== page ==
Posted by: James Seaman on February 25th, 2012The author's views are entirely his or her own and may not reflect the views of the Utah Jazz.
Below average snowfall in the mountains and subpar performances on the hardwood have left Utahns cursing the winter of the 2012 (to the extent that Utahns curse). Along with skiing, basketball carries us through the colder months. The game has woven itself deep into our state’s modern cultural tapestry—the Jazz are Utah’s only major professional team, our colleges have strong basketball traditions, and every Mormon Ward House features an indoor court. When I visit my parents, the old neighborhood is still adorned with hoops in the driveways of most houses, many crooked and sagging from years of missed jump shots caroming off the iron.
This winter, basketball hasn’t been much of a friend to the people of Utah. Despite a fast start, the Jazz have slumped badly in recent weeks. The loss to Minnesota on Wednesday carried a particularly painful sting as Ty Corbin’s club became only the second NBA team this season to blow a 15-point fourth quarter lead. Losers of three straight and eight of 10, the Jazz now find themselves looking up at the Timberwolves from the cellar of the Midwest Division. Things may get worse before they get better—the Jazz still play six of their next eight on the road.
College hoops haven’t provided much hope either. Thursday night I trekked up to the Huntsman Center for the Utah-Cal game. I spent many glorious nights in that building as a kid, watching Josh Grant and Jimmy Soto and Byron Wilson and Keith Van Horn and Andre Miller. Thursday my brother and I wondered aloud whether anyone on Utah’s current squad could have earned a scholarship on one of those Majerus teams. The Utes (5-22) have already lost more games than any team in school history and are currently experiencing their second eight-game losing streak of 2011-12. To give a better idea of just how far the Utes have fallen, our crimson-clad ballers lost, at home, to Cal State-Fullerton by 31 points back in December. Two days after Christmas, 1995, I watched Van Horn and Brandon Jessie beat Cal State Fullerton by 50 points, 108-58. (By the way, that CSF team from the mid-90s featured Chuck Overton, a Salt Lake Community College product who once led the Bruins to a 6th place finish nationally). The Utes lost one game this year 73-33. They rank 339th in the nation in scoring which amazes me because I had no idea there were even 339 teams.
Up in Logan, the usually reliable Aggies aren’t as bad as the Utes but certainly aren’t playing their typical brand of basketball. Utah State has made three straight NCAA Tournament appearances, gone to the dance nine times in the last 14 years, and won at least 23 games in each of the last dozen seasons. That streak ends with this year’s 15-14 squad that finds itself in the bottom half of the WAC.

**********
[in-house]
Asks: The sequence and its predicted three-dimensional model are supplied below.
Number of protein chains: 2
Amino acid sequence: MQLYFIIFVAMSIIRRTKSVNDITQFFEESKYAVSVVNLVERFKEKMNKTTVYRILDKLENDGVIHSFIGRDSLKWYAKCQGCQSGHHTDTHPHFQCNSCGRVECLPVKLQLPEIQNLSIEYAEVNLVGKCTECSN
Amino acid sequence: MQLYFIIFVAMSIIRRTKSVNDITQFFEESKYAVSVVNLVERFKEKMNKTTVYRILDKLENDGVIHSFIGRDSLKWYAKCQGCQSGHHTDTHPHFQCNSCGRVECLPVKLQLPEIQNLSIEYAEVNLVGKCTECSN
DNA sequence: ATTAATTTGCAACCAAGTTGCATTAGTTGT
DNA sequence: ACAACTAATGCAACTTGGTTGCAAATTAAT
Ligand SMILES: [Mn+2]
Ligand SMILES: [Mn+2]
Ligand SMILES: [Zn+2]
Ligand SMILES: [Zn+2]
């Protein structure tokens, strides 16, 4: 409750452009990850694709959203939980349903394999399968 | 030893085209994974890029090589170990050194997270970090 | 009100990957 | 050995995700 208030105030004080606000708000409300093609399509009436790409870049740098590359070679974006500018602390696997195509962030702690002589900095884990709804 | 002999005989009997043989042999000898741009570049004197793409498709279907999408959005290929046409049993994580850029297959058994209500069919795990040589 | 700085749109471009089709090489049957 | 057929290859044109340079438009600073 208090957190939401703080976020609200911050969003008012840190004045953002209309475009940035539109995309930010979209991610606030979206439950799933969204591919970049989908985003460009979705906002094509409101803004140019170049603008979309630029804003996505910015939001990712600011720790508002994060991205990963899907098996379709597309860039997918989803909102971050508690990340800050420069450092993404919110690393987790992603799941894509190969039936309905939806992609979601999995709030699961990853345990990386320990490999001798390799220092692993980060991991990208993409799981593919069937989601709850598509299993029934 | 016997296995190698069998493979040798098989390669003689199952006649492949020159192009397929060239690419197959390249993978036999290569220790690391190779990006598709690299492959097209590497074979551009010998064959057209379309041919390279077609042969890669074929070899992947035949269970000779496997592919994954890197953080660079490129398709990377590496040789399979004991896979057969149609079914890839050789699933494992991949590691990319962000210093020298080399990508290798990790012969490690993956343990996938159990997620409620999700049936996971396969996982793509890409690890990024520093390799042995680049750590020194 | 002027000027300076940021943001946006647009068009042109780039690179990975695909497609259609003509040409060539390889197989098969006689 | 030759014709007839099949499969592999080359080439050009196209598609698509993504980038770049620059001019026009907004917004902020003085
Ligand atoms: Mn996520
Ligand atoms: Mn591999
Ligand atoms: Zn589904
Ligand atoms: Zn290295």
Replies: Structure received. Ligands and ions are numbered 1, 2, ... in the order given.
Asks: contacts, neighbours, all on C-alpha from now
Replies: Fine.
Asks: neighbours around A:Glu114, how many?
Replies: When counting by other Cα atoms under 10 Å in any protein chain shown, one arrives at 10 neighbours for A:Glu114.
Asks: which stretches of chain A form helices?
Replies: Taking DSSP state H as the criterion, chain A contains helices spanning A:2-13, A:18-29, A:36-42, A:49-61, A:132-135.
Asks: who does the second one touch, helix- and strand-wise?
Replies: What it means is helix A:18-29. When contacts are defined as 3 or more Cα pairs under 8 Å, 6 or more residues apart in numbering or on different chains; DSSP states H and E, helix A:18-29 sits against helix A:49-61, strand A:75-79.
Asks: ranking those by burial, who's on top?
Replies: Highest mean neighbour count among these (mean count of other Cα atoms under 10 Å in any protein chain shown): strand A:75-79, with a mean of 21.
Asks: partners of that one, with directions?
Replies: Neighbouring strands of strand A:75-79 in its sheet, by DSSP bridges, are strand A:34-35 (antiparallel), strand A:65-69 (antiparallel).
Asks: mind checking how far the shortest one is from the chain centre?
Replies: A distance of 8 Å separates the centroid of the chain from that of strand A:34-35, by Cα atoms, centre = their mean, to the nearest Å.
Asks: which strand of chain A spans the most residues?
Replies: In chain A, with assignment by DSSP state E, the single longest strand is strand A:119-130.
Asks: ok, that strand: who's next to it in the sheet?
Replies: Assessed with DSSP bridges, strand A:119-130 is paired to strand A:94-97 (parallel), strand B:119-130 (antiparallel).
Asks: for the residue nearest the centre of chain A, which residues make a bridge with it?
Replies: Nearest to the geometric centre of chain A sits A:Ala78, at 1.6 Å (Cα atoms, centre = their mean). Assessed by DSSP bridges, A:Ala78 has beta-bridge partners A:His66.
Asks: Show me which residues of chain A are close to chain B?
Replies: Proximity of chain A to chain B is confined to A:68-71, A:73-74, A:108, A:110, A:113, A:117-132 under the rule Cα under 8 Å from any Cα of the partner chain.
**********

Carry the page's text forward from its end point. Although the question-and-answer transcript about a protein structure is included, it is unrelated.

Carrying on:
BYU has compiled a strong record (23-7), but Thursday night’s loss to Gonzaga means the Cougars still have just one win against the RPI Top 50 (1-5 against those teams). Joe Lunardi—ESPN’s resident Bracketologist—has BYU in as a 12th seed at the moment. That could change if the Cougars suffer an early exit from the West Coast Conference Tournament. BYU’s recent success has gained the program enough respect that it may get the benefit of the doubt, though some talking heads wonder whether the WCC can actually put three teams in the dance (Gonzaga and St. Mary’s are locks). Either way, the Marriot Center just feels like a lonelier place without Jimmer-mania. And in-state fans following Jimmer’s career at the next level haven’t found a lot to cheer about. Fredette is shooting under 38% from the field and has only made six starts. His air ball on the would-be game-winner against the Jazz didn’t make for a happy homecoming either.
Of course, there has been one bright spot for basketball in the state of Utah—Damian Lillard and the Weber State Wildcats. Lillard ranks second nationally in scoring at 24.7 PPG and has climbed the ESPN Draft Board where he currently sits as the country’s top point guard prospect. Thanks to Lillard, Weber has already won more games (23) than in any season since 2003 (26). Of course, the greatest feat in Wildcat history came in 1999 when Harold “The Show” Acreneaux and Eddie Gill took out North Carolina in the first round of the NCAA Tournament. Can Weber State make a tournament run in 2012? They’ll have to win the Big Sky Tournament first because, despite Lillard’s heroics and Weber’s stellar record, the selection committee isn’t giving this conference more than its single automatic bid.
In all, 2012 hasn’t been a good basketball year in the Beehive State. But happier days await. The Jazz have plenty of young talent, Dave Rose has constructed a rock-solid program that will continue winning as long as he sticks around, and Larry Krystkowiak nabbed the top in-state recruit (Jordan Loveridge).
“Now is the Winter of our discontent/Made glorious summer by this sun of York.” In Shakespeare’s Richard III, the title character refers to King Edward’s ascension to the throne as the cure for winter’s blues. Utahns will have to hope that youngsters like Derrick Favors, Enes Kanter, Jordan Loveridge, and Matt Carlino can usher in the sun over the state’s basketball landscape for years to come.
Follow me on Twitter @JSeaman34_31
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